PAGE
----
Private-Sector Health Care Spending To Grow at Slower Rate in 2016
Private-sector health care spending in the U.S. is projected to slow next year, although it likely still will continue to grow more quickly than the rest of the country's economy, according to a new PricewaterhouseCoopers report, The Hill reports.
The report predicted that private-sector health care spending will increase by 6.5% in 2016, down from 6.8% in health care spending growth that was anticipated for 2015. In 2008, private-sector health care spending grew by about 10%.
However, the report projected that health care spending will continue to grow at a higher rate than the overall U.S. economy. According to the report, health care spending currently accounts for 17.4% of the economy.
The report forecasted that the Affordable Care Act's so-called "Cadillac Tax" on costly health plans, as well as increased use of telehealth and new health advisers, will help to drive down spending. According to a PwC survey, 64% of employers think the Cadillac Tax will have a significant effect when it is implemented in 2018.
Further, the report noted that a shift among employers to offer more high-deductible health plans will likely shift more costs to consumers, which could makes individuals more aware of health care expenses and lower spending as a result. The share of employers offering such plans has nearly tripled since 2009, with average deductibles growing by $500. According to the report, such a change could help to lower the growth in overall health care spending to 4.5% in 2016.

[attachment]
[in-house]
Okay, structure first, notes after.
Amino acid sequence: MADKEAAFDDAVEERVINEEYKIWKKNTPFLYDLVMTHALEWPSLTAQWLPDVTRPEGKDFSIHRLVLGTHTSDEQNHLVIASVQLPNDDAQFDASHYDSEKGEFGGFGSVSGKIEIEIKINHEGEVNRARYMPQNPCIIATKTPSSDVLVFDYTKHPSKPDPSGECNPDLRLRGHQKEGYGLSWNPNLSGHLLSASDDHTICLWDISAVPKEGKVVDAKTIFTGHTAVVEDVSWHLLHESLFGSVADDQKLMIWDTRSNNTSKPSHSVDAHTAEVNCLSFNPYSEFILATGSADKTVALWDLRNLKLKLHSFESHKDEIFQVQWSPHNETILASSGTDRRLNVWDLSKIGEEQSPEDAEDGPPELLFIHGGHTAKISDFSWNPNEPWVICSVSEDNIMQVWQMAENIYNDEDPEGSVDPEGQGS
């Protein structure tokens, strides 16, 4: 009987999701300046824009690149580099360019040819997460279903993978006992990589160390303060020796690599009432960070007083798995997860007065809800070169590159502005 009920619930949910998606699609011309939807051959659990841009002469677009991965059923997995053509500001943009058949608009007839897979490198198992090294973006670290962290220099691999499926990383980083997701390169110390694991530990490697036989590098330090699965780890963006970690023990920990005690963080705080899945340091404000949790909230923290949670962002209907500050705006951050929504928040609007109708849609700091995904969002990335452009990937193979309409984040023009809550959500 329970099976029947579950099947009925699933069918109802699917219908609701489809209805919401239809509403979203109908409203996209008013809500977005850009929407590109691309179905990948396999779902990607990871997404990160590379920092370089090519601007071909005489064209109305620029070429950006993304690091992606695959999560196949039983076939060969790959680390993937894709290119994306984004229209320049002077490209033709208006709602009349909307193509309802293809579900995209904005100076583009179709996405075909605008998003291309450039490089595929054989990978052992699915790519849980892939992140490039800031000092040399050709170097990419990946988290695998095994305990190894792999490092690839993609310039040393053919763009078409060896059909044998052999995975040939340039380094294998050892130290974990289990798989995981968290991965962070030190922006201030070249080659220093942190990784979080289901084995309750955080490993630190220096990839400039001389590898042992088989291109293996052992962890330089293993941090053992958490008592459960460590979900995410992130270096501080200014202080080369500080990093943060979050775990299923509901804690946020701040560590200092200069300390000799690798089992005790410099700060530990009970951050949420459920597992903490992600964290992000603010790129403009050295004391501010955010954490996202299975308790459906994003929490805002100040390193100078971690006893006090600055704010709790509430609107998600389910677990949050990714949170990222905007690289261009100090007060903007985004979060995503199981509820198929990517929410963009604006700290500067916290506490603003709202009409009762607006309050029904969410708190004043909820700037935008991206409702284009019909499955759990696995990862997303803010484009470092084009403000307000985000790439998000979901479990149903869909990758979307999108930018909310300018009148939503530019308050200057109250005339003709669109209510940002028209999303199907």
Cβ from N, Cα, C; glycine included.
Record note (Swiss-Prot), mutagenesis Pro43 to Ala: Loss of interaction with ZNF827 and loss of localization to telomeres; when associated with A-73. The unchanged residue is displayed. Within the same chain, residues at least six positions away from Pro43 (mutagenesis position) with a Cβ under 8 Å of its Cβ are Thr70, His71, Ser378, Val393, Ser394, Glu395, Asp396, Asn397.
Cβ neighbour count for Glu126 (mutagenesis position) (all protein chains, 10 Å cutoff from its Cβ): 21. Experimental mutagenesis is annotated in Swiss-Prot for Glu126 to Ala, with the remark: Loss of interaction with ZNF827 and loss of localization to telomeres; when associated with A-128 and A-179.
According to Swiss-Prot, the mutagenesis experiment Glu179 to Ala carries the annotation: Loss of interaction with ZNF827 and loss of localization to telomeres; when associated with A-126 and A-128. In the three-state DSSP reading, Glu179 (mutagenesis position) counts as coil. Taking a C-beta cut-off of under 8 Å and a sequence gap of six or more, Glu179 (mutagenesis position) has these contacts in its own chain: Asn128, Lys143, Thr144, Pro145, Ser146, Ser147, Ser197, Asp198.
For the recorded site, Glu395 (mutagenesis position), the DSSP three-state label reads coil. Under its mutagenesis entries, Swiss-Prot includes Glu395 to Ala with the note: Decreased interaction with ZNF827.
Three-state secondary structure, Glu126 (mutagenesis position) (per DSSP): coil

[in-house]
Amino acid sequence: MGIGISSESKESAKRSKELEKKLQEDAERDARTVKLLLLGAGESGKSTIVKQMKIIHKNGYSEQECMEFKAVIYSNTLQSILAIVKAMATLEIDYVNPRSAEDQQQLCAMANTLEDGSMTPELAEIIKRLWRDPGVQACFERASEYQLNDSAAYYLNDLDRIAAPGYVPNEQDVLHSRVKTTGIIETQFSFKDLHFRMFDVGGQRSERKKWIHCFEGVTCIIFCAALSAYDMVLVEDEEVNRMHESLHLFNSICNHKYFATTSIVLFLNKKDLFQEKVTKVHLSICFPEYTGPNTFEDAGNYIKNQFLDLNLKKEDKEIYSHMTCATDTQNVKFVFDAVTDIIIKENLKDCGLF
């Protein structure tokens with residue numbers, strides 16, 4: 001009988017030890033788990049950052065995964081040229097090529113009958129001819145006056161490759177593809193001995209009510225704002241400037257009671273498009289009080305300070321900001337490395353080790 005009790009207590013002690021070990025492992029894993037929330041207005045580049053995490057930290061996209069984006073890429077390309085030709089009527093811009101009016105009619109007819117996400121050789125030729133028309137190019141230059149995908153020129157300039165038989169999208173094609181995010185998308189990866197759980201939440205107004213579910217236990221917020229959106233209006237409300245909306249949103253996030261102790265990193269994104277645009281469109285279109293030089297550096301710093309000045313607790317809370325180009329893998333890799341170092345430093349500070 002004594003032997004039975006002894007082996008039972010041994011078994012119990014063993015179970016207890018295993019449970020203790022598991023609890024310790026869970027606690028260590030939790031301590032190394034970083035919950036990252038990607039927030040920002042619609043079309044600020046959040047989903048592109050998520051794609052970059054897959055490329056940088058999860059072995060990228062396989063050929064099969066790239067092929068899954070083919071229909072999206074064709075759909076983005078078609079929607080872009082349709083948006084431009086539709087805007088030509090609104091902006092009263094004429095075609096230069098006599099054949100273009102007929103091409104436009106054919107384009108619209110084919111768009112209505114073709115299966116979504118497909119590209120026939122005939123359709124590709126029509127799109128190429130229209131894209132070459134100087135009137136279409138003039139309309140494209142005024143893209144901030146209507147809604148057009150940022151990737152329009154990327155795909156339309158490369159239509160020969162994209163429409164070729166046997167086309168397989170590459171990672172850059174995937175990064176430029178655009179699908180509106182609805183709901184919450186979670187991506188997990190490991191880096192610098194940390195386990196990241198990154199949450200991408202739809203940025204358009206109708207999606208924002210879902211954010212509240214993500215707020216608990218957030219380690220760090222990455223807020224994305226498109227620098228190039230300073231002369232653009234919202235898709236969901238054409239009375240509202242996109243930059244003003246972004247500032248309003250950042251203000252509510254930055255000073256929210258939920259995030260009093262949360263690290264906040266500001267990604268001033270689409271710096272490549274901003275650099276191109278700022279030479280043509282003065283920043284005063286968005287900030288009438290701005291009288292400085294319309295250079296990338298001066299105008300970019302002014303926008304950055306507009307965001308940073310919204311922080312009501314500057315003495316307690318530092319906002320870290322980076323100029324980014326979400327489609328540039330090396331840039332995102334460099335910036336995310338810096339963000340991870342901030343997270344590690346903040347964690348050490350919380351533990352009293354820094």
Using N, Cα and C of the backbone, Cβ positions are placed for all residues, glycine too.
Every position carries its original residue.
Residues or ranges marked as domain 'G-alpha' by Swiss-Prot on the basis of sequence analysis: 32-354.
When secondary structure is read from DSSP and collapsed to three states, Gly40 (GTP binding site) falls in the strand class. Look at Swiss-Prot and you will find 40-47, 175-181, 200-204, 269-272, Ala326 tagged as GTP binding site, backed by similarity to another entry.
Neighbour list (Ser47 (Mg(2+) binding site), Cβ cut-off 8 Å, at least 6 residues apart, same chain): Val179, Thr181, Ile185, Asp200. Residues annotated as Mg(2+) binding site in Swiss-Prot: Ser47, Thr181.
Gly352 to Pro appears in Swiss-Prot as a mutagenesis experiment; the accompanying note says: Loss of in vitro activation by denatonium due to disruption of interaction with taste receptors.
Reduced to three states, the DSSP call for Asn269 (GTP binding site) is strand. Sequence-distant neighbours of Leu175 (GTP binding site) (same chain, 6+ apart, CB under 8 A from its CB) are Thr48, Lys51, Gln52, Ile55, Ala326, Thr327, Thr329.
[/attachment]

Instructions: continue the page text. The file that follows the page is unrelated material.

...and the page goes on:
Meanwhile, the emergence of high-priced specialty drugs and spending on cybersecurity efforts are expected to increase costs, according to the report.
ACA Effects on Employers
Overall, the report noted that the ACA will have "minimal direct effect" on employers' health care costs. Specifically, the report found that:
- 36% of employers said various reporting and compliance mandates under the ACA have substantially affected them; and
- 4% of employers said they were significantly affected by the ACA's employer mandate penalties.
Ben Isgur, director of PwC's Health Research Institute, lauded the projected spending slowdown as "good news," adding, "we're starting to go in the right direction." Still, he said, "It's hard to hold up your hands in victory when the medical cost trend is about double the rate of [overall] inflation." He noted, "Eventually you do reach a limit and there are other things society needs to spend money on" (Sullivan, The Hill, 6/9).This is part of the California Healthline Daily Edition, a summary of health policy coverage from major news organizations. Sign up for an email subscription.